Heart Attack Dad Didn’t Get the Blues – He Joined Them
A local dad had a scare that almost ended his life – but instead of getting the blues, he decided to join them.
Until 2013, Prescot born-and-bred Andrew Critchley, 47, thought life was fine. He was happily married, raising two good kids and getting the mortgage paid on time.
Just a normal dad
“I ate healthily, exercised, drank moderately and was only on four to five cigarettes a day,” said Andrew, describing his former lifestyle.
But the pressures of a nine-to-five managerial job were taking their toll. “It just got more and more stressful,” he told Prescot Online.
Then, on a Monday night almost three years ago, Andrew started feeling a heavy weight on his chest and an ache in his shoulders and teeth.
“I took some Paracetamol because I thought I’d pulled a muscle, and went to bed. Then, on the Wednesday afternoon, I started getting the same pain again.”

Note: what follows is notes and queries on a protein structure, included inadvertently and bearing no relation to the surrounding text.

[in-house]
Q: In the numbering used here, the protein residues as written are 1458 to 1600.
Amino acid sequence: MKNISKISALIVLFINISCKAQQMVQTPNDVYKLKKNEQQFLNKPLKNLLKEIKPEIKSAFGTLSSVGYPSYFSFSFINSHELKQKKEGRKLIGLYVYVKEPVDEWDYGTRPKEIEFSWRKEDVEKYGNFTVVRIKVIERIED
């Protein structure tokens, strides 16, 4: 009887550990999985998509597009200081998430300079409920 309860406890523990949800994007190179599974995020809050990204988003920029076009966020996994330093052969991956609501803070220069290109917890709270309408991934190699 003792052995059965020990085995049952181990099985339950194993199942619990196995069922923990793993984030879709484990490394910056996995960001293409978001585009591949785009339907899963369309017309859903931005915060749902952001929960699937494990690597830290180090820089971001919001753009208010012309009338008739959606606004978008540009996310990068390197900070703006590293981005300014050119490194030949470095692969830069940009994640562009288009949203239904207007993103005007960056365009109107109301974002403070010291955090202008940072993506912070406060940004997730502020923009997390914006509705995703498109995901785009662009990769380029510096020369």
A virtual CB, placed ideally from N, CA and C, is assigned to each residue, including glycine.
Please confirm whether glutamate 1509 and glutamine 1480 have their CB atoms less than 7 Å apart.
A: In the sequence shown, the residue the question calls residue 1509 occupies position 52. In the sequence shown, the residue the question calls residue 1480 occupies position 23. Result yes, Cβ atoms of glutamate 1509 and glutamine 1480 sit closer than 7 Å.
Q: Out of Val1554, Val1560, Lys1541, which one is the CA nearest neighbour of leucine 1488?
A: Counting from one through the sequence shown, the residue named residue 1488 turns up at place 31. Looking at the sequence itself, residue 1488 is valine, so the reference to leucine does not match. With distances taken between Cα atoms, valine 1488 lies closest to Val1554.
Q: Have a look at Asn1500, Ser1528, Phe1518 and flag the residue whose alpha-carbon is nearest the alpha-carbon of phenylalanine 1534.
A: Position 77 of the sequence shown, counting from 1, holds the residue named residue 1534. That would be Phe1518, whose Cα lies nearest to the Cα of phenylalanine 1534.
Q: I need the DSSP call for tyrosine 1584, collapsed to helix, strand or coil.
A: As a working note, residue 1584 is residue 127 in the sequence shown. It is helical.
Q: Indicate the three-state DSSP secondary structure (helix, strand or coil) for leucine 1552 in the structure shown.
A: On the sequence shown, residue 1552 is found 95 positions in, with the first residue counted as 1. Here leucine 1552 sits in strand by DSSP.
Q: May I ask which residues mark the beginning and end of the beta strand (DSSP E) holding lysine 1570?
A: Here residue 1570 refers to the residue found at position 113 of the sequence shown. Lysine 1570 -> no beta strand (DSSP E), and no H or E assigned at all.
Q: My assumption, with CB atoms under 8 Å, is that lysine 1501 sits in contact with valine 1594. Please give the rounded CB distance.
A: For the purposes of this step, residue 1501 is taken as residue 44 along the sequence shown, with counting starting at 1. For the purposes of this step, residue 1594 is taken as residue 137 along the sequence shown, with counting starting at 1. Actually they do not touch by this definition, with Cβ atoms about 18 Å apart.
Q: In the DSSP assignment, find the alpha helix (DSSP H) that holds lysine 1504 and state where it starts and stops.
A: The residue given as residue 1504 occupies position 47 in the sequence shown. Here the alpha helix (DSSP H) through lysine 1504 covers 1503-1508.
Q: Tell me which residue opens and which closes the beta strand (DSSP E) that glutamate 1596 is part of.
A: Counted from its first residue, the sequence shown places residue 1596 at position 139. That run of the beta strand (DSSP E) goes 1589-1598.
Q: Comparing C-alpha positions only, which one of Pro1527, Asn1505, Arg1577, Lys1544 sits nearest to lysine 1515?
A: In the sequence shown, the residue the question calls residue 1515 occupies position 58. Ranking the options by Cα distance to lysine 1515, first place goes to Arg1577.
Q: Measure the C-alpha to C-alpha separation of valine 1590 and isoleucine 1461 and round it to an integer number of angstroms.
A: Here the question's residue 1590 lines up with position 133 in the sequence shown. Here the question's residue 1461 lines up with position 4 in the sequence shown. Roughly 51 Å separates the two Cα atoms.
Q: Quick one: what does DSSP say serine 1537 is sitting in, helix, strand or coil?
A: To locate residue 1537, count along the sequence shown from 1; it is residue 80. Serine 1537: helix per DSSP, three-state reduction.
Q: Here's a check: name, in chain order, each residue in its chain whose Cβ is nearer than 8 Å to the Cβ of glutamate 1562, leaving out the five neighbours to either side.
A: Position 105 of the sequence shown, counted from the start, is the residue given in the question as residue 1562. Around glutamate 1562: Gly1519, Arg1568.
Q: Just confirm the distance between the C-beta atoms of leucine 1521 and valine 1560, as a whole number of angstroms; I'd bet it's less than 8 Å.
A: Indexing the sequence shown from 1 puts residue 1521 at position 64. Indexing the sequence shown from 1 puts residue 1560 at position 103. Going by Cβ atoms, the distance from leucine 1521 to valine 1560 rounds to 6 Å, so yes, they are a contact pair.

His instinct to go to A&E to get his symptoms checked out may just have saved his life.
“They told me it was either one long heart attack lasting for three days or two small ones from the Monday night to the Wednesday,” he said.
“It’s just really surreal when you’re sitting in a hospital bed and the nurse comes in and says, ‘We’ve got the results of your ECG, and you’ve had a heart attack.’ Your head just starts going over all sorts.”
Tests showed that one of Andrew’s arteries was completely blocked. Surgeons performed a coronary angioplasty, a procedure where a stent—a mesh tube—is placed in the artery to widen it, strengthen it and improve blood flow to the heart.